ARCHIV - 03.08.2022, Berlin: Petra Kahlfeldt, Senatsbaudirektorin in Berlin, während eines dpa-Interviews in der Senatsverwaltung für Stadtentwicklung am Fehrbelliner Platz (zu dpa: Senatsbaudirektorin fordert «kritische Revision der Stadt») Foto: Wolfgang Kumm/dpa +++ dpa-Bildfunk +++

In the opinion of Senate Building Director Petra Kahlfeldt, Berlin must change in order to remain viable in times of climate protection and climate change. “What is needed is a critical revision of the existing city in order to lead it into a sustainable future,” said the trained architect of the German Press Agency. This must be done in dialogue with the population.

“As in the existing city, we also need efficient use of space in new buildings through compact, urban construction,” she explained. “Because the soil is not an expandable resource.” In this context, Kahlfeldt pleaded for clever and intelligent post-compaction. “Where there is a large demand for space, you have to build higher,” she added. And: “Where you build, you should build on surfaces that are already sealed.”

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According to Kahlfeldt, it is important to look at the existing city and its existing buildings and not just think of new quarters and new construction projects when it comes to urban redevelopment. From her point of view, it is just as important not to look at the topic solely with construction glasses.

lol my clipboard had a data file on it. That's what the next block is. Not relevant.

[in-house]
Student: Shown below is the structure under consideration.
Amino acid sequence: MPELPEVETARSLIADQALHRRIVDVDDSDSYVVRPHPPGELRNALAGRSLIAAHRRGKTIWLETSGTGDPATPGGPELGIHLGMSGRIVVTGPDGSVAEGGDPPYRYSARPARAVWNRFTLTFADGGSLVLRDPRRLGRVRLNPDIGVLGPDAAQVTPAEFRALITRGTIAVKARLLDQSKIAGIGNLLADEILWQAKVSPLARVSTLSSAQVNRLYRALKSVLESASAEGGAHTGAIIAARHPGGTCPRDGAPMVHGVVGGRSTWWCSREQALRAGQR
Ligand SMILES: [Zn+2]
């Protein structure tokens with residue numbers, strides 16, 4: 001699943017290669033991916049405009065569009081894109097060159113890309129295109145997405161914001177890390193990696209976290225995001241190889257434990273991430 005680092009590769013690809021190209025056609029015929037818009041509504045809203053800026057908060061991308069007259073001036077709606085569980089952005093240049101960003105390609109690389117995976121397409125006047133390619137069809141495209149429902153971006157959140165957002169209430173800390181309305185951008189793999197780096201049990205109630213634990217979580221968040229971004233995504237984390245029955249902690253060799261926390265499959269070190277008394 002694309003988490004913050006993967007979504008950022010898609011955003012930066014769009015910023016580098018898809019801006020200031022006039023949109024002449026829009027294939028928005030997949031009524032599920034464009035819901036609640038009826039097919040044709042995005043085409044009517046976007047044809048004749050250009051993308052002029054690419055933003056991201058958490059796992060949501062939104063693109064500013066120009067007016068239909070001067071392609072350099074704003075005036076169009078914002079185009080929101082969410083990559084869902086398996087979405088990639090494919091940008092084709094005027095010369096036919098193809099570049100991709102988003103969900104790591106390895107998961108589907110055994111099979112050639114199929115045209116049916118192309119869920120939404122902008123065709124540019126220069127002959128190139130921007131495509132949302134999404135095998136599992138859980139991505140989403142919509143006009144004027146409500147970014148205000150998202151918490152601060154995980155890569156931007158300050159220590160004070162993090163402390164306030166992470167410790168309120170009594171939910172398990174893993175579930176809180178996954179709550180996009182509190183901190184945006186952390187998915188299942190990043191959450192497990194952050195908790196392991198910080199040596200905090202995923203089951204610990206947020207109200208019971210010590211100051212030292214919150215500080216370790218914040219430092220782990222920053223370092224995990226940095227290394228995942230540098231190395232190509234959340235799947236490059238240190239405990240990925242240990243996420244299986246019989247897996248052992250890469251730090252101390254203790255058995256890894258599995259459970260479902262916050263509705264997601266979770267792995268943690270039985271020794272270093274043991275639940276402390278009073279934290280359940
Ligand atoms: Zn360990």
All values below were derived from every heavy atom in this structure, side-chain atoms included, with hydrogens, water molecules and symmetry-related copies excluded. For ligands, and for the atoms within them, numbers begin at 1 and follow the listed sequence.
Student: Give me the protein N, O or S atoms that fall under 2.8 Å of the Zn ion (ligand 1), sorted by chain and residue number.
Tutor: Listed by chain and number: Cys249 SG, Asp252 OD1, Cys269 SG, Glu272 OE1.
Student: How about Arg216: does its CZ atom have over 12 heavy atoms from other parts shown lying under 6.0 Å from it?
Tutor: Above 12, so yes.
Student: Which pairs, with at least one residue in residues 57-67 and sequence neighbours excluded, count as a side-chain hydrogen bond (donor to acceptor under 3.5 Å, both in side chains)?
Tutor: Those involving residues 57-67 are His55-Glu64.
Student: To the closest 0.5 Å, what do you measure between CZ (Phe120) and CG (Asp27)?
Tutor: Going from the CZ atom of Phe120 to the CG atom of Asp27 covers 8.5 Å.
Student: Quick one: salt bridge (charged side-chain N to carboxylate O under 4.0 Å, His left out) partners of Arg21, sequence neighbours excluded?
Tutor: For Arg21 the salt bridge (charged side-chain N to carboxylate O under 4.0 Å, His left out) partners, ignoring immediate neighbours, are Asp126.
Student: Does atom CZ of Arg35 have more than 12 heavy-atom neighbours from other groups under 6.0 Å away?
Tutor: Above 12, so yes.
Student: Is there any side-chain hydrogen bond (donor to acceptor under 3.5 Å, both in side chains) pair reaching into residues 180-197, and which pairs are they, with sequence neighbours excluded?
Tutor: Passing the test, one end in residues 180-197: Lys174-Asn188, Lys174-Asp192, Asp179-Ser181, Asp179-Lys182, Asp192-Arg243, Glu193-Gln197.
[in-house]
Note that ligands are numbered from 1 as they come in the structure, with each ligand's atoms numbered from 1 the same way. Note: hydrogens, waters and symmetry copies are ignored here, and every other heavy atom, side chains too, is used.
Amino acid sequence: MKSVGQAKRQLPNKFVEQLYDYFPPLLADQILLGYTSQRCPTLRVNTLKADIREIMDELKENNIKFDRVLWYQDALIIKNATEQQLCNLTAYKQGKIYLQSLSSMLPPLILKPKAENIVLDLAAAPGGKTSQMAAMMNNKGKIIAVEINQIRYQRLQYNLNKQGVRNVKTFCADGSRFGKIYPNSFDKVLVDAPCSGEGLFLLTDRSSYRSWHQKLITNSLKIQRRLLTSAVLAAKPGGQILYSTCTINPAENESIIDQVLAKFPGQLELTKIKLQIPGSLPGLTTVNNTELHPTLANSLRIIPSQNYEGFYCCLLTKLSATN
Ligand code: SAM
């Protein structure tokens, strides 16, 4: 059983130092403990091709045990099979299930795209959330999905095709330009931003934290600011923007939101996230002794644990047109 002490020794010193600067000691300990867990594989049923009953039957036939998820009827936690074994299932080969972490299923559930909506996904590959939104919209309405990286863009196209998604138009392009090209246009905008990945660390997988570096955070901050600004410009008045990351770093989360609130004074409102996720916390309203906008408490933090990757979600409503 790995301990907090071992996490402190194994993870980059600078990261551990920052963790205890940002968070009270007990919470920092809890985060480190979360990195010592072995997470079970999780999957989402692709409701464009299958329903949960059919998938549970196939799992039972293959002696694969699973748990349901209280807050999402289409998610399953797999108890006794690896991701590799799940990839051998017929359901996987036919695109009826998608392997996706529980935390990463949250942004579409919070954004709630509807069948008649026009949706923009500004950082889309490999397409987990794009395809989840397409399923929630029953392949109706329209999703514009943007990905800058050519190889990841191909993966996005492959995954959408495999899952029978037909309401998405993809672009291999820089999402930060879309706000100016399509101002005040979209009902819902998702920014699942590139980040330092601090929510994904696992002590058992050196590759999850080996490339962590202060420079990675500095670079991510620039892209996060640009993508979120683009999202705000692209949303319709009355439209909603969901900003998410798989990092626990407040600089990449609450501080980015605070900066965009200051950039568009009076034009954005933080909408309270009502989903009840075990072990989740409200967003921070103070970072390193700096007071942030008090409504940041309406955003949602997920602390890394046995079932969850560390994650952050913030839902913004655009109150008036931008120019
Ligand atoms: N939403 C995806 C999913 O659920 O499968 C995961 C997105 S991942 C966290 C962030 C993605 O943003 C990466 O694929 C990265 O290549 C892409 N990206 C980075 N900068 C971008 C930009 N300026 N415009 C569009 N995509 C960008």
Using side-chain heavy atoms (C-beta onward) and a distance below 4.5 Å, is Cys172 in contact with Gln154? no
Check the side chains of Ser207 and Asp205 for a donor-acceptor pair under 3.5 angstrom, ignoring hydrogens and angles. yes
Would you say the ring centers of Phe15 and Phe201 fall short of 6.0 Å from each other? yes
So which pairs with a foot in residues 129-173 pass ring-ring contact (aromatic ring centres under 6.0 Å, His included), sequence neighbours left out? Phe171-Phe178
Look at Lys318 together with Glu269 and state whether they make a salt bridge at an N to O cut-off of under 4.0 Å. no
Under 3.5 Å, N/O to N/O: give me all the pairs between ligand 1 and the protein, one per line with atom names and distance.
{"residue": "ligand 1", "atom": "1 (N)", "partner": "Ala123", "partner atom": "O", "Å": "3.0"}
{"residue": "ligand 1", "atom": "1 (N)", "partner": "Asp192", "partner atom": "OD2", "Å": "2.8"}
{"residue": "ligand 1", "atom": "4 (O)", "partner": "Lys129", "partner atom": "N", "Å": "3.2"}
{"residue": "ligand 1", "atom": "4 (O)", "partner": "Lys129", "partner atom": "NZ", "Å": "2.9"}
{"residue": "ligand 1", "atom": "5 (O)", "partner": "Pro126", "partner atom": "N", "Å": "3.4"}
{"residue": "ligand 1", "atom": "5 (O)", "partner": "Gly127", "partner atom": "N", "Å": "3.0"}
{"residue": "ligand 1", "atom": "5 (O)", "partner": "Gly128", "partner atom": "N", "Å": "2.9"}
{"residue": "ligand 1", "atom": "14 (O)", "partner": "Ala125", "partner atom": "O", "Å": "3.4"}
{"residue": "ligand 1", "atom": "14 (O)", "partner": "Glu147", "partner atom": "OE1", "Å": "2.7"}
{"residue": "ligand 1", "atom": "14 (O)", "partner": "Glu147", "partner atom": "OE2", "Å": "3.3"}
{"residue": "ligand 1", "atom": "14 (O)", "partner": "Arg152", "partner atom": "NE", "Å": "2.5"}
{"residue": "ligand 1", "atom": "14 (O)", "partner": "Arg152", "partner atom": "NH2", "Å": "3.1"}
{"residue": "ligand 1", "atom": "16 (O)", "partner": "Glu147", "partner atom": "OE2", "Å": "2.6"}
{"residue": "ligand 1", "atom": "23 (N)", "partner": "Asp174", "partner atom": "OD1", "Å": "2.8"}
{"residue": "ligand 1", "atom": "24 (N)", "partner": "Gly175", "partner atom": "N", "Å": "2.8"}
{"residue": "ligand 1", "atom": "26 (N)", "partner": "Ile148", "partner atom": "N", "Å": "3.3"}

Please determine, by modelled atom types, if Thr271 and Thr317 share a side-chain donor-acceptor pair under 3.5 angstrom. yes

“We need integrated development of all urban functions,” she said. This includes not only housing, but also work and leisure opportunities, schools, day-care centers, cultural offerings, trade, urban green spaces or shaded areas. Efficient use of space and compact construction means creating such offers in neighborhoods with urban planning and functional deficits with the aim of increasing the quality of life of the residents and creating a city of short distances.

An essential part of such a conversion is a developed and attractive local public transport system, which incidentally only needs half the space that the partially freeway-like streets of Berlin take up.

Kahlfeldt therefore called for the “long-standing pending” dismantling of oversized traffic routes such as streets or parking lots to city-friendly dimensions. On the one hand, areas could be unsealed in order to gain urban spaces for green and seepage areas, for example for rainwater management. On the other hand, new development could be created on former traffic areas with an improved construction method and mix of uses.

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Specifically, Kahlfeldt mentioned the branch of the A100 city highway that leads to Breitenbachplatz, or the A103 in Steglitz. “When dismantling the traffic areas that are destroying the city, the best potential inner-city areas could be converted into beautiful and sustainable quarters that complement the city plan for new housing, local recreation areas and uses oriented towards the common good.”

In a number of places in the city, including Spittelmarkt, many opportunities for urban redevelopment have remained untapped.

“We have sacrificed so much space to traffic,” said Kahlfeldt, looking back on past decades. These generated traffic and energy consumption. In addition, asphalt increases the heat in the city. “If you walk through the city with your eyes open, you can see what kind of saturation these traffic routes mean.” Now it’s a matter of getting that back.